Let’s see what slips through the cracks next year.
Monday, August 6th, 2012
This article was originally written for and published at The New Tech on July 8th, 2012. It has been posted her for safe keeping.
So maybe you want to be an archivist but don’t know where to start. I don’t claim to be an expert, but I have learned a few things going down this path that I can share. Let’s break this up into two main sections: digital media and physical media. No matter what you are archiving, you should first pick out what you’re going to save. You don’t have to put too much consideration into this step. You can be passionate about a subject you wish to preserve, be helping a group of people, or doing it for the hell of it. Archiving is at it’s base both a way to ensure survival and a way to fill a hole left forgotten.
In the digital world, you’re going to be focused on downloading, storing, and uploading. Let’s start with downloading as you’re going to want to get your hands on some media. I started on a Windows computer, downloading directly with a browser. You can get your hands on some stuff simply with a DownThemAll plugin and a lot of free time. For streaming content I turn to the video downloader plugin for Firefox or Replay Media Catcher. This lets you pull videos from all your sites like Vimeo or Youtube. Sometimes things aren’t as easy as clicking a file to download it. You may have to use download sites, ftp servers, Bittorrent, or something less standard. You never know. Get to know how to use jdownloader, an ftp client like Filezilla, and a Bittorrent client like uTorrent. You might find a whole slew of content on some obscure site and you need to have the tools to dig it out. Moving on to more Unix-like systems, learn all you can about wget, curl, grep, and bash scripting. I’m not going to cover how to use all of these tools, but with a little practice there are few things you can’t get when you use them in tandem. You would be surprised how simple it is to whip up automated processes that do everything you want with just a few sophisticated commands. Also, be on the lookout for more specified tools. For example, I found a fantastic tool for downloading Youtube videos called youtubedl. If there is something out there to be downloaded, there is usually a tool for the job.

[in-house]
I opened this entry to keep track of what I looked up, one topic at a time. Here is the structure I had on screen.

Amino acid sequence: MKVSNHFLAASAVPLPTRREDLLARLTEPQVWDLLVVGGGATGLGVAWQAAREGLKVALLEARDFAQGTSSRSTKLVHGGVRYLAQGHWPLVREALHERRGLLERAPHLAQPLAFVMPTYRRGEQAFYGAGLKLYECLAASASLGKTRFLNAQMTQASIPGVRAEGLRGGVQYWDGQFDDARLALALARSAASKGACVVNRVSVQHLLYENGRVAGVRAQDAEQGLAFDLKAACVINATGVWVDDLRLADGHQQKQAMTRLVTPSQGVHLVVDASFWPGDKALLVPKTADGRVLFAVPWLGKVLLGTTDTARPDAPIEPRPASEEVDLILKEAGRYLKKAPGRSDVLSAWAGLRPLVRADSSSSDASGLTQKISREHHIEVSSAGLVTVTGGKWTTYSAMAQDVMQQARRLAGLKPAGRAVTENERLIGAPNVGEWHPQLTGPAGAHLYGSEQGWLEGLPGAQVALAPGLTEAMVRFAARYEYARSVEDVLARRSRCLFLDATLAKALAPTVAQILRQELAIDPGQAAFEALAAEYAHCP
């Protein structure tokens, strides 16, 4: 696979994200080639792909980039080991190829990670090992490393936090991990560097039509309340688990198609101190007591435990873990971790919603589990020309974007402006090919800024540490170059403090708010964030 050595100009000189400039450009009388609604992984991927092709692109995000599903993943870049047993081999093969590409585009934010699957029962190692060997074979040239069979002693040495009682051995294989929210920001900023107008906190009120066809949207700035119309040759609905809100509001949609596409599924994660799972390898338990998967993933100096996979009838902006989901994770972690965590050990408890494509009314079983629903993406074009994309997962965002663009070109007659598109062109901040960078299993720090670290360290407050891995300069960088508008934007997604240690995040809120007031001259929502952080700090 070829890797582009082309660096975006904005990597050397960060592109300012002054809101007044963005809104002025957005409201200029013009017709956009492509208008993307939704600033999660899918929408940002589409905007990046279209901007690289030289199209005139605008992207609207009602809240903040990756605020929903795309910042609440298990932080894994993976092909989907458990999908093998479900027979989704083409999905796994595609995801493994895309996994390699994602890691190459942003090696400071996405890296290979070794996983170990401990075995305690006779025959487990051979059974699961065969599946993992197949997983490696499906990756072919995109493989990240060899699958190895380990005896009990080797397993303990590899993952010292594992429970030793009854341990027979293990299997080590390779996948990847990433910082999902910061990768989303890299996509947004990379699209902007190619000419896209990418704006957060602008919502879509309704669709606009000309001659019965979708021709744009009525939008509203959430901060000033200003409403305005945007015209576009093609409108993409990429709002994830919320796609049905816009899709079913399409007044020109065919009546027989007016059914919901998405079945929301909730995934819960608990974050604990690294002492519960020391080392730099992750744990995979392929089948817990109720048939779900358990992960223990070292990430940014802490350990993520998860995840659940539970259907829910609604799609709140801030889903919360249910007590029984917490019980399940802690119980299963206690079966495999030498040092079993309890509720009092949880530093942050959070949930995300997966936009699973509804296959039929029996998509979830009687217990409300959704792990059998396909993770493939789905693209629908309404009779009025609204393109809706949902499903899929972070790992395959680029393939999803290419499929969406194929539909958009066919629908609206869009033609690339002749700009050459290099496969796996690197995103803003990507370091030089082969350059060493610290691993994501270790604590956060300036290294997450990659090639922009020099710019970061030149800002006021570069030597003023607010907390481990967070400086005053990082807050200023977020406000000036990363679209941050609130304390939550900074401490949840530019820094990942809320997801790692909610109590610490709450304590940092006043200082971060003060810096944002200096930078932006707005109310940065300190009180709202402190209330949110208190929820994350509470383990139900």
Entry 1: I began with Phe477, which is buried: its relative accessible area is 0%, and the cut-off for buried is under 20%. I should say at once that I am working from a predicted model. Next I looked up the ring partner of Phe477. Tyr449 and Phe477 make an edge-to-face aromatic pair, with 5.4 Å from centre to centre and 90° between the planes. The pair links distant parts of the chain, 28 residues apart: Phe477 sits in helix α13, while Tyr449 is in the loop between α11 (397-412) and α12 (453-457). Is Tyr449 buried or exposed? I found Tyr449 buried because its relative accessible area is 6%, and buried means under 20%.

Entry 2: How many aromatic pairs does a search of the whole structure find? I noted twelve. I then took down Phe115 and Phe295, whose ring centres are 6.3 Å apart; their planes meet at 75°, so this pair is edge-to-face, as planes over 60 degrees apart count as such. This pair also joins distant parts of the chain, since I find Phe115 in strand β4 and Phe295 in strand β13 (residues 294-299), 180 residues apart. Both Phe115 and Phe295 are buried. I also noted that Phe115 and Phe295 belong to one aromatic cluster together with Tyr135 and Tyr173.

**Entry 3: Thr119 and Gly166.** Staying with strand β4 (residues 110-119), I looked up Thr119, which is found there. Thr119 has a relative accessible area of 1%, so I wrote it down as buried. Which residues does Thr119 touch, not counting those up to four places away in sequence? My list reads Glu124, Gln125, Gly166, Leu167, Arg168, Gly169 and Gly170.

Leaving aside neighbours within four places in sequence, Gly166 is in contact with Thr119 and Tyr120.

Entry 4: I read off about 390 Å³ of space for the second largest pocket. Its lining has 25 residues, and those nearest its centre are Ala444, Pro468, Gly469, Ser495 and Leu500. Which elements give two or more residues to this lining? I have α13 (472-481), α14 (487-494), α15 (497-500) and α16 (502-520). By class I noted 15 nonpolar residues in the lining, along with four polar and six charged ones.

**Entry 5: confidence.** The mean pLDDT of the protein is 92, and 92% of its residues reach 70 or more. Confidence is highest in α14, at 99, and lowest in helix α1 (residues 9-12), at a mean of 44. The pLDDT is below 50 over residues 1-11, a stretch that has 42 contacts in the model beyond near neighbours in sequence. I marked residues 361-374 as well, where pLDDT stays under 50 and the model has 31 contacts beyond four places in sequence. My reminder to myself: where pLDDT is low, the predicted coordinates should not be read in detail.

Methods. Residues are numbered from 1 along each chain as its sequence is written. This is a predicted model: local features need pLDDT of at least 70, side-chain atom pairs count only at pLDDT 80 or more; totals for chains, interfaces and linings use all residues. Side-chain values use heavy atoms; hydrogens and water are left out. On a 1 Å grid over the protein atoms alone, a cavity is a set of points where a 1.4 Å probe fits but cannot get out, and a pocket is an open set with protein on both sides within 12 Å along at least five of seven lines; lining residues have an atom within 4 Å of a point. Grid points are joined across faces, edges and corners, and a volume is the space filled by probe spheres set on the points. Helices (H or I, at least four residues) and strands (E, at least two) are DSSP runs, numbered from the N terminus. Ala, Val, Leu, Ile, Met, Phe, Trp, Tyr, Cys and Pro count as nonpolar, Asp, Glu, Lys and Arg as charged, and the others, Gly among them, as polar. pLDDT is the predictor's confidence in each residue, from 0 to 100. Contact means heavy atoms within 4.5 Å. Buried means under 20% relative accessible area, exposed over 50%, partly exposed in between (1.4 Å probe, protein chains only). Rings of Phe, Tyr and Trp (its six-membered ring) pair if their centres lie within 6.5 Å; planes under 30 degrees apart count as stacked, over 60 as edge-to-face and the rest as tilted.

When you get the data, you’re going to need to hold it. I was originally downloading everything locally, and still like to keep local copies of data I retrieve. Always keep your data on at least two drives, and preferably buy your drives in pairs so you can easily stick with this rule. You can never have too much storage. I currently have 15TB locally just for storing archived media. When it comes to other storage mediums, I’m not easily swayed. Data tape is expensive to adopt, and cloud storage lacks stability. In earlier days, I had only an 80GB drive, so I would back up to DVD+Rs. A lot of people will tell you that your burned media will go bad after about 6-10 years, but I have yet to have a disc become unreadable. I will say that I’ve had a lot of luck with Verbatim discs. I would coaster many discs by other brands when burning, but have only ever had one Verbatim fail on me. Stick with what your budget is, the price of hard drives are only going down, but if you’re a kid on a budget a spindle of DVDs can help in a pinch. Also, keep an eye on solid state drives. While I have yet to adopt them, they are the new thing in mass storage, though the price is still a bit steep.